Stratford Press - - Classifieds -

A win­ning Lotto ticket was sold in In­gle­wood, win­ning the pur­chaser $30,361. The lucky per­son was one of 10 Lotto play­ers to have rea­son to open the cham­pagne with a win in Lotto’s sec­ond divi­sion draw.

The win­ning tick­ets were sold all over New Zealand.

The New Zealand Cham­bers of Com­merce na­tional con­fer­ence is be­ing held in New Ply­mouth this week.

Of the 30 cham­bers in New Zealand, 26 will be rep­re­sented at the two-day event. Along with pre­sen­ta­tions and work­shops, guest speak­ers in­clude CEO of Ven­ture Taranaki Trust Stu­art Trun­dle and min­is­ter of small busi­ness Stu­art Nash. Day ses­sions will be held at The Devon Ho­tel and Pukeiti Gar­dens on Thurs­day and Fri­day with a din­ner func­tion hosted at the Len Lye Cen­tre. New Zealand Cham­bers of Com­merce sup­port over 22,000 mem­bers. Each cham­ber’s role is to in­flu­ence and in­spire busi­ness. As not-for-profit mem­ber­ship as­so­ci­a­tions they pro­mote, sup­port and en­cour­age sus­tain­able, prof­itable busi­ness growth. For more in­for­ma­tion www.tarana­kicham­ par­ents’ ac­cess­ing the check for their chil­dren. Taranaki DHB’s B4 School Check co­or­di­na­tor Ker­ryn Smith says the check gives each child the best pos­si­ble start to school. The B4SC is the fi­nal Well Child check and is free for all chil­dren who have turned four. The DHB wants par­ents to bring their child in for their check as close to their fourth birth­day as they can. “We en­cour­age fam­i­lies to be on time for their child’s check so any prob­lems can be ad­dressed be­fore they start school.” The check takes around 45-60 min­utes with a nurse who cov­ers off a child’s health and de­vel­op­ment, vi­sion, hear­ing, teeth, height, weight, so­cial and emo­tional well­be­ing, and im­mu­ni­sa­tions.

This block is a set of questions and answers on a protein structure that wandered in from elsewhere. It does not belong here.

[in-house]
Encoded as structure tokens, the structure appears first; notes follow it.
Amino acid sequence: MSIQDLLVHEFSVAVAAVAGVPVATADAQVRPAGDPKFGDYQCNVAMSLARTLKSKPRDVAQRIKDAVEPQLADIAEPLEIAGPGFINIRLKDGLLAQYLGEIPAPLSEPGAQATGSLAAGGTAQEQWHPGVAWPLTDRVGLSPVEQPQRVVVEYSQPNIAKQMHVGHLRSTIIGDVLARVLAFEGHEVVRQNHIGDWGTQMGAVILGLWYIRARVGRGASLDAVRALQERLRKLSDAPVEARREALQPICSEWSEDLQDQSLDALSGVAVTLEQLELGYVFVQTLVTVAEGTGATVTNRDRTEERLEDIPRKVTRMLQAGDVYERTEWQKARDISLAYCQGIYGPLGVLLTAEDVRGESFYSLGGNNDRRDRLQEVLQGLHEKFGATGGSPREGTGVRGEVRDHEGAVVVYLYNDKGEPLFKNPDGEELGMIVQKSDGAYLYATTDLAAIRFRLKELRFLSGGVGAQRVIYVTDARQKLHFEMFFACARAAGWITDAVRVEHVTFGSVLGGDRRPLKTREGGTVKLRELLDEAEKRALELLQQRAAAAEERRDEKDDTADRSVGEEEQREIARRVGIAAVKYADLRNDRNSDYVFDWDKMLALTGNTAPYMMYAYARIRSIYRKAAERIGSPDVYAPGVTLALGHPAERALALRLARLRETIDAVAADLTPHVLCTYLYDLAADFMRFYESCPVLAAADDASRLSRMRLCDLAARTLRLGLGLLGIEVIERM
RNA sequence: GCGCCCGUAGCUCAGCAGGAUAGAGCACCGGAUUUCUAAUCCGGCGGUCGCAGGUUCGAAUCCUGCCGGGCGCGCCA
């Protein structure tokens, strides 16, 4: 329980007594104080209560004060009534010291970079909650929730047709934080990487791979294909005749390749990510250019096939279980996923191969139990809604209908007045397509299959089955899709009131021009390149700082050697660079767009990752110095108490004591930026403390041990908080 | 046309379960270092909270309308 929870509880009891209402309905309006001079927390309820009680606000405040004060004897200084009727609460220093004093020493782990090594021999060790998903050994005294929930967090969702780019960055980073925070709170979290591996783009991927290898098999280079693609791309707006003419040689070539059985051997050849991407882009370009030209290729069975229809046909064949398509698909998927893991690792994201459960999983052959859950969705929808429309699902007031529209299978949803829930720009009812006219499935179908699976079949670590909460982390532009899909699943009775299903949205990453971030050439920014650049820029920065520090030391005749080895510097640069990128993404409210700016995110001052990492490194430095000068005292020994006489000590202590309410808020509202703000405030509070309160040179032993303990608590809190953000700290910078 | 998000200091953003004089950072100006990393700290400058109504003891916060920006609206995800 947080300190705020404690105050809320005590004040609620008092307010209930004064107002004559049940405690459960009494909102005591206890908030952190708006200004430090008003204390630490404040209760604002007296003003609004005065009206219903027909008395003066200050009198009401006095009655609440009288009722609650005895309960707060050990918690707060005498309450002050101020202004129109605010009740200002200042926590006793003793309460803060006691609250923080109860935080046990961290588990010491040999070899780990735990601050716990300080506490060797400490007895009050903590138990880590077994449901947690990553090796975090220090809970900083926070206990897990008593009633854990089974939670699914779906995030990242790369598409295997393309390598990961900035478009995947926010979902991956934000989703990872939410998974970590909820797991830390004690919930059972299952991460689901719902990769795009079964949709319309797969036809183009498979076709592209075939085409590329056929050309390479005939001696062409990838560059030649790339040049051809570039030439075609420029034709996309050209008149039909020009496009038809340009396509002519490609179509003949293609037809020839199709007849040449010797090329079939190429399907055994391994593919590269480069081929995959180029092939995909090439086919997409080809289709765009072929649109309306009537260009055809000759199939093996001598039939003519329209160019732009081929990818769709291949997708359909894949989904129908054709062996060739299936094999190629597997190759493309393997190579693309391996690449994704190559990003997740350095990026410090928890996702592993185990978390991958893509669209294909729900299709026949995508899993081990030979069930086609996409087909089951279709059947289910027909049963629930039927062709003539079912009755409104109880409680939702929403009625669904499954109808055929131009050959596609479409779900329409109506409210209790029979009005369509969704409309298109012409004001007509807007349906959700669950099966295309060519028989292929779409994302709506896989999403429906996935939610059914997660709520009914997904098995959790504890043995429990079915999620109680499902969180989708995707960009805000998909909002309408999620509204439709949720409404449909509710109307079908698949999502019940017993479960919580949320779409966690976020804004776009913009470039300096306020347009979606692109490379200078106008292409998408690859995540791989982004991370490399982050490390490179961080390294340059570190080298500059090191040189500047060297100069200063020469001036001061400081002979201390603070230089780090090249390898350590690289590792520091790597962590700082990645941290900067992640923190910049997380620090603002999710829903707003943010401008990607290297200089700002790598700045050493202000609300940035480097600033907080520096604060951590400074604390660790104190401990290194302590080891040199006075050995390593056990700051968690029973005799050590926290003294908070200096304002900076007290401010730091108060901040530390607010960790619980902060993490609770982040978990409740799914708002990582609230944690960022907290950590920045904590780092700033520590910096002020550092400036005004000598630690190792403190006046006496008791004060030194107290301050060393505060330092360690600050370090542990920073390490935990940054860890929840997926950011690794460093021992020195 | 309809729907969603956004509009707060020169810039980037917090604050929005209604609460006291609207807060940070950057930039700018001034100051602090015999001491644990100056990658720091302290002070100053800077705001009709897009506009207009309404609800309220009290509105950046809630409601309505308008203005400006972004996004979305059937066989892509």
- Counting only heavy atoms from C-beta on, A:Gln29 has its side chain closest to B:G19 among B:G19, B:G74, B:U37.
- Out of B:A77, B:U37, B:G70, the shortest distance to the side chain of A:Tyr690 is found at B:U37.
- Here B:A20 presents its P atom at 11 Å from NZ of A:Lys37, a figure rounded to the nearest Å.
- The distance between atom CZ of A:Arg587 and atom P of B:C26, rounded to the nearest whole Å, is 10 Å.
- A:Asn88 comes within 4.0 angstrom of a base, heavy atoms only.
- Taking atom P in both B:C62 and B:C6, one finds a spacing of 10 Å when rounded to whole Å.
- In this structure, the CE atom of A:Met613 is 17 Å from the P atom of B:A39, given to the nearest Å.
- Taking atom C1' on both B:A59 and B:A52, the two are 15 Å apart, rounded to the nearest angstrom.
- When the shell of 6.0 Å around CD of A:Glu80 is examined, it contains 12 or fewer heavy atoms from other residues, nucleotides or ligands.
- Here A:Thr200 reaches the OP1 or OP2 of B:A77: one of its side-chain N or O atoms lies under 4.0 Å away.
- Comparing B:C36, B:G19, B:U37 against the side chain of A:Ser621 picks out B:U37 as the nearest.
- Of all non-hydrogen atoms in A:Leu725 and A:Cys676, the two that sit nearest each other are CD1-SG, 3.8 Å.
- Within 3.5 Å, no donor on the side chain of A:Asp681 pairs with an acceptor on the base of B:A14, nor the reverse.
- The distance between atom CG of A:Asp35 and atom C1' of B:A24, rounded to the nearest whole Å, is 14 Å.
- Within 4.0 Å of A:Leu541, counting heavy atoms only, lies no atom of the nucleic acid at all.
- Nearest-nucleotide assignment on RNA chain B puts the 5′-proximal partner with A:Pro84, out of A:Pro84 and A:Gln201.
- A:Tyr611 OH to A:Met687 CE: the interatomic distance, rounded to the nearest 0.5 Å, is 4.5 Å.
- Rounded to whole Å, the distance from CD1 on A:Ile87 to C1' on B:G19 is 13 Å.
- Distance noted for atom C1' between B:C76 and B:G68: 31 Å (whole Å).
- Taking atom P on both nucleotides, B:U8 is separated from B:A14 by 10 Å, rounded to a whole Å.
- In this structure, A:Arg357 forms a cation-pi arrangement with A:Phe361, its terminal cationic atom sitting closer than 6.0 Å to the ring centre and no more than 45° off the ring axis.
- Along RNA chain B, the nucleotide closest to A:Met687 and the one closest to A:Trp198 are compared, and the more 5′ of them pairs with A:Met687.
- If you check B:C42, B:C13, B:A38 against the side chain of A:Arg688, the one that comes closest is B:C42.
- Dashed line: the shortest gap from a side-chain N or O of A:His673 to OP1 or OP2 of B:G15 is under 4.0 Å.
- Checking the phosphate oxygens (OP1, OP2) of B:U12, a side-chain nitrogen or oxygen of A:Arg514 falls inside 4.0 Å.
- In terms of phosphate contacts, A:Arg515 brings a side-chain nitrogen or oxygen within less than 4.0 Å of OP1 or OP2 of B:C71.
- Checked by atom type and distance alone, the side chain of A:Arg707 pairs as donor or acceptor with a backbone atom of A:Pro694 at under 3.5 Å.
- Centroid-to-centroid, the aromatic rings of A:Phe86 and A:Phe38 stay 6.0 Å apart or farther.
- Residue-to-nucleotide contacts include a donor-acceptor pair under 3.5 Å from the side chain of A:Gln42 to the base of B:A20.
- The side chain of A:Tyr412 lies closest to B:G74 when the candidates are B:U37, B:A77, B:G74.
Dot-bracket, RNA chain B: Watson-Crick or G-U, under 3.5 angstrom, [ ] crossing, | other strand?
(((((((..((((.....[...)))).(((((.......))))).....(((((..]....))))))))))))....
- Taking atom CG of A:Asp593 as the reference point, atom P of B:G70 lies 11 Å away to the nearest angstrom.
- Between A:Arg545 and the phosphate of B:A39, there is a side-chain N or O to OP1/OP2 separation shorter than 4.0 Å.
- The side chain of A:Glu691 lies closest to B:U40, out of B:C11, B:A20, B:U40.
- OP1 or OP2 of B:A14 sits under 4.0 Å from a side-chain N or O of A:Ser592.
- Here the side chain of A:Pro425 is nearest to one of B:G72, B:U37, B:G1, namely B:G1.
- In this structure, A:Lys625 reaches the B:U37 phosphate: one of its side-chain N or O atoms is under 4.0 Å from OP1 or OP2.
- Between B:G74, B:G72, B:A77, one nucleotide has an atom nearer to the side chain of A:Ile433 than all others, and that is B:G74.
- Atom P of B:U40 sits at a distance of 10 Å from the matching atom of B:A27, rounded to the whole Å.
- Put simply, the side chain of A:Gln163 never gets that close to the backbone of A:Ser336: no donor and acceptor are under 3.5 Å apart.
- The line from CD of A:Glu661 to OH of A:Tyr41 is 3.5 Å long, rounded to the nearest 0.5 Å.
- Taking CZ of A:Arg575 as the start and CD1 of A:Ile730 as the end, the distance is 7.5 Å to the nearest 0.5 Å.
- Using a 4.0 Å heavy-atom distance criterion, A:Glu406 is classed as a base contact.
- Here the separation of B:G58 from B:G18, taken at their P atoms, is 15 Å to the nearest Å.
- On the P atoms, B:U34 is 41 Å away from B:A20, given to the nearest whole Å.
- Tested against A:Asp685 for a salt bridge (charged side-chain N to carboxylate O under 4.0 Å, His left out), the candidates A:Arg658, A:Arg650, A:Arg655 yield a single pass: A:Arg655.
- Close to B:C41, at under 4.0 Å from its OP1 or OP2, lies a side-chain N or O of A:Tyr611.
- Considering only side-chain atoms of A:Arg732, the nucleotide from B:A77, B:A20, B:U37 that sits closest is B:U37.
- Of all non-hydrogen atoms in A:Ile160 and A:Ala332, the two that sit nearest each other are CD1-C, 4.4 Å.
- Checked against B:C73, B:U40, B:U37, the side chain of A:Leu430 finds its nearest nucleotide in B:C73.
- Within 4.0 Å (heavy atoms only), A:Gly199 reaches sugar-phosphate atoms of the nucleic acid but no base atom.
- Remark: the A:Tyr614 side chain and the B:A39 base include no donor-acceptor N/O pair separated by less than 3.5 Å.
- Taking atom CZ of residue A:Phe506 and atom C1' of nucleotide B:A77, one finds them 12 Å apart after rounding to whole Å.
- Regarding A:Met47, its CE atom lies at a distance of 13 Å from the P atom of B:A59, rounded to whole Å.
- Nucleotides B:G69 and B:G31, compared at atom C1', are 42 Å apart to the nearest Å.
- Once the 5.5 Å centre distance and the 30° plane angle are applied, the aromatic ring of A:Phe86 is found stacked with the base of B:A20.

Ru­ral Women New Zealand is call­ing for a re­view of the school bus el­i­gi­bil­ity cri­te­ria, par­tic­u­larly in the ru­ral ar­eas. Ed­u­ca­tion Port­fo­lio Con­venor and Board Mem­ber Sue Hig­gin says the safest way for chil­dren to get to school in ru­ral New Zealand is by bus, how­ever the cur­rent el­i­gi­bil­ity cri­te­ria for the ser­vice means that chil­dren are be­ing put in danger­ous sit­u­a­tions. She says if chil­dren live within 2kmof a ru­ral school they are not el­i­gi­ble for the lo­cal bus ser­vice where there is one, and are forced to walk or cy­cle on roads with no shoul­ders, of­ten used by log­ging trucks, stock trucks and milk tankers, mak­ing it treach­er­ous. She says the ru­ral bus is vi­tal for farm­ing fam­i­lies who have both a busy work­ing life and dis­tance, for those who live fur­ther away, to con­tend with.

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